Sally had a breast reduction free on the NHS… so why did daughter Ellie have to pay £6,000 for hers? More and more women are having surgery to ‘significantly improve quality of life’, researchers find
Life-changing — that is how Ellie Knight describes her recent breast reduction operation, but not just because of the difference it made to her appearance.
For Ellie, 35, a midwife from Elgin, Moray, st john’s wort and motrin the main reason for the surgery to take her down seven cup sizes, from a 36J to a 34E, was to end the neck and shoulder pain she’d had for years.
‘Sometimes the neck pain was so bad that I needed painkillers,’ says Ellie, who has two children, aged nine and six, and is married to Stuart, 35, an engineer.
There was also the damaging effect on her self-confidence. ‘It wasn’t just boys teasing me and men looking at me,’ she says.
‘I would have girls coming up to me in the loos when I was out, saying they were the biggest boobs they had ever seen. I felt really self-conscious.’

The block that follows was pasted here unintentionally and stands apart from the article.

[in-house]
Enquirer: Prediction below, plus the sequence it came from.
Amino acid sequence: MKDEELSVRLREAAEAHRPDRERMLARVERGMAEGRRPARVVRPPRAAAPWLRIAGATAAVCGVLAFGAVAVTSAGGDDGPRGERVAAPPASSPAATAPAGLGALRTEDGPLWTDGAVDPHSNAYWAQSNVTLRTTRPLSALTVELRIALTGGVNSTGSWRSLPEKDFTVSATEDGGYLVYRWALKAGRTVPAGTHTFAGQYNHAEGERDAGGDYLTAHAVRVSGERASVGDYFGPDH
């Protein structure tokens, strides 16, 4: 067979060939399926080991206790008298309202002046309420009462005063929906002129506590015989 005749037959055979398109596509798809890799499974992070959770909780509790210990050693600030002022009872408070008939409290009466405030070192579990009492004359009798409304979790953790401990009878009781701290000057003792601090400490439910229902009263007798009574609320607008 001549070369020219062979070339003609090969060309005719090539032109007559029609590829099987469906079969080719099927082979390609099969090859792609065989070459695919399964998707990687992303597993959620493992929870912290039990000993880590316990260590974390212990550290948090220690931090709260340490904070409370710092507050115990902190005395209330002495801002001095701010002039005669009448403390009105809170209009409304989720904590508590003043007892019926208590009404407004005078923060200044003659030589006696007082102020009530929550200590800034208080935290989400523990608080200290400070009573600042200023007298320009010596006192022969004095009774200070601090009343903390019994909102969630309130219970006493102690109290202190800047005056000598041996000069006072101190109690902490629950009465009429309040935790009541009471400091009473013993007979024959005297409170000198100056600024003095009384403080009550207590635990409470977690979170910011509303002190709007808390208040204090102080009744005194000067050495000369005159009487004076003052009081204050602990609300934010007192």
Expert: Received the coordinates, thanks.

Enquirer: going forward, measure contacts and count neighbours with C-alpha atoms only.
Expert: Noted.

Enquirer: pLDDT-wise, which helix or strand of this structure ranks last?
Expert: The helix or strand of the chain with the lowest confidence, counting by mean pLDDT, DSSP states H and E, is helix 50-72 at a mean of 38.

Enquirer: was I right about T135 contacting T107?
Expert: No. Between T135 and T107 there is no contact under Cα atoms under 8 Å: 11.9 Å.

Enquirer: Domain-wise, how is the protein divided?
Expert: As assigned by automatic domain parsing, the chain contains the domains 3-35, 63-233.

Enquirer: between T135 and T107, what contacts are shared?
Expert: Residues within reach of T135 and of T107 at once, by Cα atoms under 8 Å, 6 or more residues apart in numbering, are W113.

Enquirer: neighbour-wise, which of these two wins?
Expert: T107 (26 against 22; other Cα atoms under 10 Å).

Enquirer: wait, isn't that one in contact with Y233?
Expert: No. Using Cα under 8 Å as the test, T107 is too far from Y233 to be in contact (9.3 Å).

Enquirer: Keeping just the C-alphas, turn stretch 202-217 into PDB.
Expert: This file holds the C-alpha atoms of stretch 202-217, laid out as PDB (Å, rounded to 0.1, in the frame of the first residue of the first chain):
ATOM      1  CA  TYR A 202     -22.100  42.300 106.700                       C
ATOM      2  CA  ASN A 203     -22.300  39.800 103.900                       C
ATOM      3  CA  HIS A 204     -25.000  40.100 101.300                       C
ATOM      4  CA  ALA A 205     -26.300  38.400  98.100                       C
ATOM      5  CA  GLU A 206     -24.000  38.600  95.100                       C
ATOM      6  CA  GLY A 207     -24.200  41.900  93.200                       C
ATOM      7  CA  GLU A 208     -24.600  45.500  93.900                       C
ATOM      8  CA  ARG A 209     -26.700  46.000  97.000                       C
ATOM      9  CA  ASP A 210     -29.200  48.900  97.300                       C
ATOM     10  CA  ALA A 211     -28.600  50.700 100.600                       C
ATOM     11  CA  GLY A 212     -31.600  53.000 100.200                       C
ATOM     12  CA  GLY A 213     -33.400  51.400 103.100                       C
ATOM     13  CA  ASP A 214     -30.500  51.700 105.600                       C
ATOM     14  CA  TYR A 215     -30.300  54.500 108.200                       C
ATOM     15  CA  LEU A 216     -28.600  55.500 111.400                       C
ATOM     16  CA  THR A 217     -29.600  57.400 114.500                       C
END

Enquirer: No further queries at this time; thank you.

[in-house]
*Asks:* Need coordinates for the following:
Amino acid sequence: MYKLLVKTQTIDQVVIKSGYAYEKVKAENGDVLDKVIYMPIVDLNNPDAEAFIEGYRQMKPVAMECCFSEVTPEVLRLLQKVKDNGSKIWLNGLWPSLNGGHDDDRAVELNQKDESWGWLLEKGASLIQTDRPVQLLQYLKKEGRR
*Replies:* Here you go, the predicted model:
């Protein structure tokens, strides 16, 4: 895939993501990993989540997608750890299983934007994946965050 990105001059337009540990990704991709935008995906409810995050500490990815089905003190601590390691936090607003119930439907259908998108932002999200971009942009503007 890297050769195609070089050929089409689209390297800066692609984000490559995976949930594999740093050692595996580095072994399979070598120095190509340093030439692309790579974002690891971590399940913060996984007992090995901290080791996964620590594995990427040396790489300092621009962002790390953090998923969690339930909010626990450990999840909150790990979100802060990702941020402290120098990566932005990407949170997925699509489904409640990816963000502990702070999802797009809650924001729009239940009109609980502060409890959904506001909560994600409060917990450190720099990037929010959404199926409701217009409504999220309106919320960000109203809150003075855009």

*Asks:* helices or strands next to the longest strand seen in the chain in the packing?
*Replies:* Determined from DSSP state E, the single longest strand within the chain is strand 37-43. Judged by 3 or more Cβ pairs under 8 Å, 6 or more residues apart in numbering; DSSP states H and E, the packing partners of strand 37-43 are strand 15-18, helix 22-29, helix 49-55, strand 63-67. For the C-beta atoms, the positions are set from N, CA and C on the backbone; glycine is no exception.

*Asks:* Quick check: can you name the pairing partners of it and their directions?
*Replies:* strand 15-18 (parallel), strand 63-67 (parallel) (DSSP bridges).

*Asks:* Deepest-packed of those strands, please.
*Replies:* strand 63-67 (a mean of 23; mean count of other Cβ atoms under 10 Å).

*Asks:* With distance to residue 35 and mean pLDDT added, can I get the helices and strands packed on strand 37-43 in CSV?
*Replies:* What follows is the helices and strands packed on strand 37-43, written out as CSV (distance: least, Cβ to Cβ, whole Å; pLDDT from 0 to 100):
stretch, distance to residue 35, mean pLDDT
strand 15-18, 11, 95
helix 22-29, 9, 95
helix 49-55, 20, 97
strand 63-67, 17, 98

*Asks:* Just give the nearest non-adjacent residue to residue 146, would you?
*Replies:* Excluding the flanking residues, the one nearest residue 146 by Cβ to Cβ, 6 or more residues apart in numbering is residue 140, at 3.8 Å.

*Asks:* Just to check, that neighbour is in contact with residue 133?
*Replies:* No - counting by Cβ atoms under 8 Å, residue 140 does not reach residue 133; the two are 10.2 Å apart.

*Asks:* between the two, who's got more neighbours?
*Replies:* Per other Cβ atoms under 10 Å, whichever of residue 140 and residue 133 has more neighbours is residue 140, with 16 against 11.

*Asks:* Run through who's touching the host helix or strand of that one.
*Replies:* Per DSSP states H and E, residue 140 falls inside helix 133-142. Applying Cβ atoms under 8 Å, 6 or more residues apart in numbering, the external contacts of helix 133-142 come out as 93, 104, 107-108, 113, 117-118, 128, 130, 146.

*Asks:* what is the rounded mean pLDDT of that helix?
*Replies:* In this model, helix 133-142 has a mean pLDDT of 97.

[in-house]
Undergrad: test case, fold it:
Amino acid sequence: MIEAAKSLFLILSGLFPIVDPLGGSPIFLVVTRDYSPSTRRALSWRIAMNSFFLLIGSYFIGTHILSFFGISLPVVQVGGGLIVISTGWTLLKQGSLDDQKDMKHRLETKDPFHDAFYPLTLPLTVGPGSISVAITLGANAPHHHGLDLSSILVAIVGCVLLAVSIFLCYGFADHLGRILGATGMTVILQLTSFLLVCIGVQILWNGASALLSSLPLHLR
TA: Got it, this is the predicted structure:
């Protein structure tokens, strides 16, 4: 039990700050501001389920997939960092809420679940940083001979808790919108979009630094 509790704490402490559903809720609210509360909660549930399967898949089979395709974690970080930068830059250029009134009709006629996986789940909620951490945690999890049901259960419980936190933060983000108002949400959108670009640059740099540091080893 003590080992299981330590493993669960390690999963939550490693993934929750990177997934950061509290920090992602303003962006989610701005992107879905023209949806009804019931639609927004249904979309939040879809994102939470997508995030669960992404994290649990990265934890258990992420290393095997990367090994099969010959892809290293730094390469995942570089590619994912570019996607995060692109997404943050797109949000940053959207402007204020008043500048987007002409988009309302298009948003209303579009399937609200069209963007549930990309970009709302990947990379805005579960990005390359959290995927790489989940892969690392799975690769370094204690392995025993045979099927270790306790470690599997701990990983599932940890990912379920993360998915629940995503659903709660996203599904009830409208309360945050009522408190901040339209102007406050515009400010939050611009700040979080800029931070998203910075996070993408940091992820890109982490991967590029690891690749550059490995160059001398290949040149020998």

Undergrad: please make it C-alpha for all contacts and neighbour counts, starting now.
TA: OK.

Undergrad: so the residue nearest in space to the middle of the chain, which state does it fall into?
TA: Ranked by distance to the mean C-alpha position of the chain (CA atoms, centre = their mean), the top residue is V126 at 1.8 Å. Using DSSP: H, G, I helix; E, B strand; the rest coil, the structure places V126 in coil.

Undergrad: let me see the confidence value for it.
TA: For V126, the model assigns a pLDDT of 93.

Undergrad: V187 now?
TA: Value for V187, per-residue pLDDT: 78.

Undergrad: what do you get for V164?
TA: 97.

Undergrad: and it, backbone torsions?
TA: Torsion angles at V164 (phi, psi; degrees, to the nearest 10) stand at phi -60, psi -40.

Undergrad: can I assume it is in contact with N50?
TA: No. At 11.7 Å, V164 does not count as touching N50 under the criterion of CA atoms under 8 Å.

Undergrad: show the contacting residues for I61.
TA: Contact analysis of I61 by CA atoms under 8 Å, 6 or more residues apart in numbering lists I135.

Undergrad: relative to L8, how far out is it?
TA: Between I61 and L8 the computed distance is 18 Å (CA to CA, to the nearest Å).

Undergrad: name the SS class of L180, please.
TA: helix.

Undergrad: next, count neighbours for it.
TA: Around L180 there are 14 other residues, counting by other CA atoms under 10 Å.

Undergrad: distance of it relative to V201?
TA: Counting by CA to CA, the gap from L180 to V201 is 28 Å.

For Ellie, 35, a midwife from Elgin, Moray, the main reason for the surgery to take her down seven cup sizes, from a 36J to a 34E, was to end the neck and shoulder pain she’d had for years
At the age of 18, she was accepted for breast reduction surgery on the NHS. But while on the waiting list, the criteria changed so that it was only available to those with a maximum BMI of 28. At 5ft 6in tall, Ellie’s was 30, which meant she needed to lose weight to qualify.
‘But that is really difficult when you cannot exercise because of the size of your breasts — which weigh so much themselves,’ she says.
It’s a problem that Ellie’s mother, Sally Collie, 63, who wears a 32DD bra, once shared, describing years of backache and neck and shoulder issues.
‘If I was really sore, I just had to take analgesics,’ she says. ‘The best time was at night, when I was lying down and could take my bra off to relieve the pressure on my shoulders.’
However, Sally (also a midwife living in Elgin) did qualify for an NHS breast reduction and had the operation four years ago.